With that said, manufacturing production has cooled somewhat in the past couple months, mainly due to rising material costs, supply chain disruptions, and higher energy prices. The rate of growth of production, new orders, and employment fell slightly, with inventories up. The gap between new orders and inventories – which are a proxy for future production – narrowed, but still indicates positive growth in the months ahead. 

In addition, exports remain a source of strength for manufacturing.  New export orders rose from 56 to 62 in April, the 22nd consecutive month of growth.   

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Slow Growth, But Manufacturing Sector Moving Forward

Chad Moutray, chief economist of the National Association of Manufacturers, gives a video report on the first quarter GDP, which is growing at an annualized rate of 1.8 percent according to advance estimates of real gross domestic product (GDP) released this morning.

For more of Moutray’s discussion of the data, see his earlier post, “GDP Slows to 1.8% Growth, Manufacturing Continues to Lead Recovery.”

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GDP Slows to 1.8% Growth, Manufacturing Continues to Lead Recovery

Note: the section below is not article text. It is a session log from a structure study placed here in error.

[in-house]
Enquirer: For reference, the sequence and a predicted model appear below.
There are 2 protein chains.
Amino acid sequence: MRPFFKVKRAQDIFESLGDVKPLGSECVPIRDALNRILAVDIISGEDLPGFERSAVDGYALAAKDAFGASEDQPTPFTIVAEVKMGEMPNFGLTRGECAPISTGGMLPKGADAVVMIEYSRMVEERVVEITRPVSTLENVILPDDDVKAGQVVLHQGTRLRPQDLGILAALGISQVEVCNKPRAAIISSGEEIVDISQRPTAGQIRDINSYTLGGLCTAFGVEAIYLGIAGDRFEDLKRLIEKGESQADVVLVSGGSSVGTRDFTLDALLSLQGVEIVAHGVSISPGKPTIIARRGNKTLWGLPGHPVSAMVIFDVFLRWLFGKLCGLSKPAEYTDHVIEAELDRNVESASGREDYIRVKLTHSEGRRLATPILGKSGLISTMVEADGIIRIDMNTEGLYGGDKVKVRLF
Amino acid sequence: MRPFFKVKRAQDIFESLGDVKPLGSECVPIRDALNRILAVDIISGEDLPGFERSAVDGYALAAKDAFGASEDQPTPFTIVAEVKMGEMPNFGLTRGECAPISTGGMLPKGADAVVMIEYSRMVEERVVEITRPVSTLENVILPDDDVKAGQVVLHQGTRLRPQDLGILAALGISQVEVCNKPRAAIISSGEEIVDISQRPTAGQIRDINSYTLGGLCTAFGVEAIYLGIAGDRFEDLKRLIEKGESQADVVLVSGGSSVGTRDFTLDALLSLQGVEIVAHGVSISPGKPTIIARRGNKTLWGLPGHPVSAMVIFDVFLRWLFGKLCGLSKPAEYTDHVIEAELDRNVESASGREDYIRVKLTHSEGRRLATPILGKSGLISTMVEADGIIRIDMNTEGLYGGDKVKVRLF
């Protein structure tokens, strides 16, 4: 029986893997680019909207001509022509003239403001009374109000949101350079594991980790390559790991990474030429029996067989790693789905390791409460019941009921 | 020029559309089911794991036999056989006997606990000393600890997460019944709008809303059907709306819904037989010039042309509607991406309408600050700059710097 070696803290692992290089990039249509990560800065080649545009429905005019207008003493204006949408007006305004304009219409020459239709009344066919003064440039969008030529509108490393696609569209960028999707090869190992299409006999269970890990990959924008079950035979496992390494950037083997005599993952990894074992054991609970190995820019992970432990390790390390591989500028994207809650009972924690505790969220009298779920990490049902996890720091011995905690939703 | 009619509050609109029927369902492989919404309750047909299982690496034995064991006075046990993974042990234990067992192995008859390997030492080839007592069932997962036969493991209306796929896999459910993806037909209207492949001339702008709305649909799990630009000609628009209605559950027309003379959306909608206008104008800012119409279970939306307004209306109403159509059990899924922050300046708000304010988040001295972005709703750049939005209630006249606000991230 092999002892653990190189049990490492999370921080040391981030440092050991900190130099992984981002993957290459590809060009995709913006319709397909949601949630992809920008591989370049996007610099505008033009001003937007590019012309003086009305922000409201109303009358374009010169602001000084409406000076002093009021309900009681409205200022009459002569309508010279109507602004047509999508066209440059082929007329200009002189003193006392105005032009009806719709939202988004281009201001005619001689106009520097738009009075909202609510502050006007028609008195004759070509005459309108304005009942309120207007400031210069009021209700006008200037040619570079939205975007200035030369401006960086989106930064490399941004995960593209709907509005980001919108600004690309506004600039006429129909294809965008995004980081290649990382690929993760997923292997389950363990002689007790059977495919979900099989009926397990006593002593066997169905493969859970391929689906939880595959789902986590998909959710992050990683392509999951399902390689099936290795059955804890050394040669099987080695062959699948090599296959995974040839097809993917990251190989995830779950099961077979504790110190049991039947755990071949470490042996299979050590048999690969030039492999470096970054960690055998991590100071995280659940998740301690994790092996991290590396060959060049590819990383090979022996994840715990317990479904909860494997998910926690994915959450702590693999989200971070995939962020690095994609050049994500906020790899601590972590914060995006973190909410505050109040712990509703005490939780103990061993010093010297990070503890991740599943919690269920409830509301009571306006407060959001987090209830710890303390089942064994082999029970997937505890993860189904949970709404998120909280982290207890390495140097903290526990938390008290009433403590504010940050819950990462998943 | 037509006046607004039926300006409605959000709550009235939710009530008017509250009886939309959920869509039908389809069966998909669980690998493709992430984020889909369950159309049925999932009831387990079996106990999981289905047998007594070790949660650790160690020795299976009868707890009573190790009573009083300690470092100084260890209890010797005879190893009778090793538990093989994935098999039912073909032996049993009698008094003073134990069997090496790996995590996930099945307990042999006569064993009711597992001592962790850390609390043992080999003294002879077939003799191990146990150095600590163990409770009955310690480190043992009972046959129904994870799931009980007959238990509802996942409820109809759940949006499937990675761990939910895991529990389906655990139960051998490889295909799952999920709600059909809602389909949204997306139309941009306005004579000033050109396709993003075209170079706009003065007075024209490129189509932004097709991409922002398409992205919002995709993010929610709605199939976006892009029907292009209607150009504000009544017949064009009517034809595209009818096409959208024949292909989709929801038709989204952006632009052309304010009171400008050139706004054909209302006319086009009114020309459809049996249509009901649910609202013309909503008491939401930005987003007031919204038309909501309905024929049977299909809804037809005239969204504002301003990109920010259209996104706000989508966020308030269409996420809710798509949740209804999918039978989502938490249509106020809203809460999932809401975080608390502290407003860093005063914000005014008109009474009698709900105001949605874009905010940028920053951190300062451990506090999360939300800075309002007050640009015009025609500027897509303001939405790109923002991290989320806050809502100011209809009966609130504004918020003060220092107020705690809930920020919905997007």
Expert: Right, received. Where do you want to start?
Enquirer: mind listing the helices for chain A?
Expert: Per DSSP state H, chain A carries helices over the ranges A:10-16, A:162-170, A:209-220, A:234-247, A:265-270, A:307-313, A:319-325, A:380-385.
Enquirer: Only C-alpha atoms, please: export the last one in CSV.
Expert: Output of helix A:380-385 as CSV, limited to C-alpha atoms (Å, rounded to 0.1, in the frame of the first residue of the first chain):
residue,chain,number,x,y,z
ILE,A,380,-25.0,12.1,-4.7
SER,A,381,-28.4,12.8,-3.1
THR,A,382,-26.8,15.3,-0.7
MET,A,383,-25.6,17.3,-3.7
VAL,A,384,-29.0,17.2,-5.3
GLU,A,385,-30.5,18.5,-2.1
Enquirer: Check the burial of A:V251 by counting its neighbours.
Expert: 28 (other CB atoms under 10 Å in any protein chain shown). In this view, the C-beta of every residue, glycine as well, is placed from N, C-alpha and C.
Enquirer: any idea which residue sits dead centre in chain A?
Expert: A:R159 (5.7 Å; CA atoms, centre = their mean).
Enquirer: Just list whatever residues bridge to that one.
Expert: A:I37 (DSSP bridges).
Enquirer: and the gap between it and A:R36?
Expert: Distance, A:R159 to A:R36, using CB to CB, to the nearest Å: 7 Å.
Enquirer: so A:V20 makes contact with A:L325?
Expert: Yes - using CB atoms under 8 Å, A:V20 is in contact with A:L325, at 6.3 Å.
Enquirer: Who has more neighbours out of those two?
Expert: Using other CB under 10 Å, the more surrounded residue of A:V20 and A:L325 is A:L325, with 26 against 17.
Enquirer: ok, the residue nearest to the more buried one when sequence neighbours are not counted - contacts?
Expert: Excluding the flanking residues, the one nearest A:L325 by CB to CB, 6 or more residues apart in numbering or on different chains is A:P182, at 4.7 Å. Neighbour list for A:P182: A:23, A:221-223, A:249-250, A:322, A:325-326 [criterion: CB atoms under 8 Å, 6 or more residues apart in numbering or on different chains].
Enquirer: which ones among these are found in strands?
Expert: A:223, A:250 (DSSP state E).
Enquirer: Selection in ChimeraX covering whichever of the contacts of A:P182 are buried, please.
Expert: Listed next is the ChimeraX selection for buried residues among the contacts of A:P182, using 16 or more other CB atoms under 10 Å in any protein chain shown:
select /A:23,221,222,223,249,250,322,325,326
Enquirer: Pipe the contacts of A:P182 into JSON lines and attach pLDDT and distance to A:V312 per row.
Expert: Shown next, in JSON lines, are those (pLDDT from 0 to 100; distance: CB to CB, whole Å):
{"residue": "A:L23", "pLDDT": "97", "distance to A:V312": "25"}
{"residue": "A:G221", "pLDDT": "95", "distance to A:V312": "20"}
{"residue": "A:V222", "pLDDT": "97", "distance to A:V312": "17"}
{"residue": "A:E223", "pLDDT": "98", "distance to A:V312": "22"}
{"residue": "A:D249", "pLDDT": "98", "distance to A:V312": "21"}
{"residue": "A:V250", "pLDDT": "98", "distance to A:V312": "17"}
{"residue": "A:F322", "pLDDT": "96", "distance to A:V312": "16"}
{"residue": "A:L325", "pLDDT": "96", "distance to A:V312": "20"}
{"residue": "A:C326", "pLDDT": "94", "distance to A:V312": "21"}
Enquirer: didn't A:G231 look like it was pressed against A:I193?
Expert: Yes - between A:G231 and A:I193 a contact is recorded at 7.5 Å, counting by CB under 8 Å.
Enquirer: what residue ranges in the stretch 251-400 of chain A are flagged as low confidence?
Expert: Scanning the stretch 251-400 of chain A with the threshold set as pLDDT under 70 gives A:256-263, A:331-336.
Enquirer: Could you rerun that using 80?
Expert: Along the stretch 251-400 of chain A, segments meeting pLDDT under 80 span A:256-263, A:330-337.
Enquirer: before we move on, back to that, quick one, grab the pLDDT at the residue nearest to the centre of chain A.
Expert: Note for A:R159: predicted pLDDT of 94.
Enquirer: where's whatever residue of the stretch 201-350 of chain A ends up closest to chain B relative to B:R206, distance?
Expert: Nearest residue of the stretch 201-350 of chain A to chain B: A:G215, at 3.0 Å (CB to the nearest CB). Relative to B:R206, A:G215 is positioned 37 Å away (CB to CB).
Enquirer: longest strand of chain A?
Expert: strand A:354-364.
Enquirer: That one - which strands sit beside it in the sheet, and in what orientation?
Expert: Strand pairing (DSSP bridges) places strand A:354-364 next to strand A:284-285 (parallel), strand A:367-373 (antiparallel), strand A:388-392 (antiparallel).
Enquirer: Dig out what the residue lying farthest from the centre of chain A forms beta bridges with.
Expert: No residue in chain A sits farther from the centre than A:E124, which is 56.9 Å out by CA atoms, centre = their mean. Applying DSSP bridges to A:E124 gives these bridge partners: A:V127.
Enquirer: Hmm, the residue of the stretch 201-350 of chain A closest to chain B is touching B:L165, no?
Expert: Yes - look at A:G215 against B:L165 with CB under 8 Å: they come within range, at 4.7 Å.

The U.S. economy slowed somewhat in the first quarter of this year, growing at an annualized rate of 1.8 percent, according to advance estimates of real gross domestic product (GDP) released this morning.  Real GDP grew 3.1 percent in the fourth quarter of 2010. One reason for slowed growth is higher energy costs, which have been a drag on the economy. With that said, this was the seventh consecutive quarter of positive growth in output, and the overall figure was in line with economists’ estimates. 

For the manufacturing sector, the story continues to be the strong growth in durable goods, which were up 10.6 percent in the first quarter.  Nondurables rose 2.1 percent, and services grew 1.7 percent.  (See the accompanying figure.)  While each of these numbers was below the faster growth rates experienced in the last quarter of 2010, they do reflect pent-up demand for products coming out of the recession domestically, with positive increases for each since late 2009 or early 2010.  Durable goods alone, for instance, added 0.78 percentage points to real GDP in the first quarter of 2011.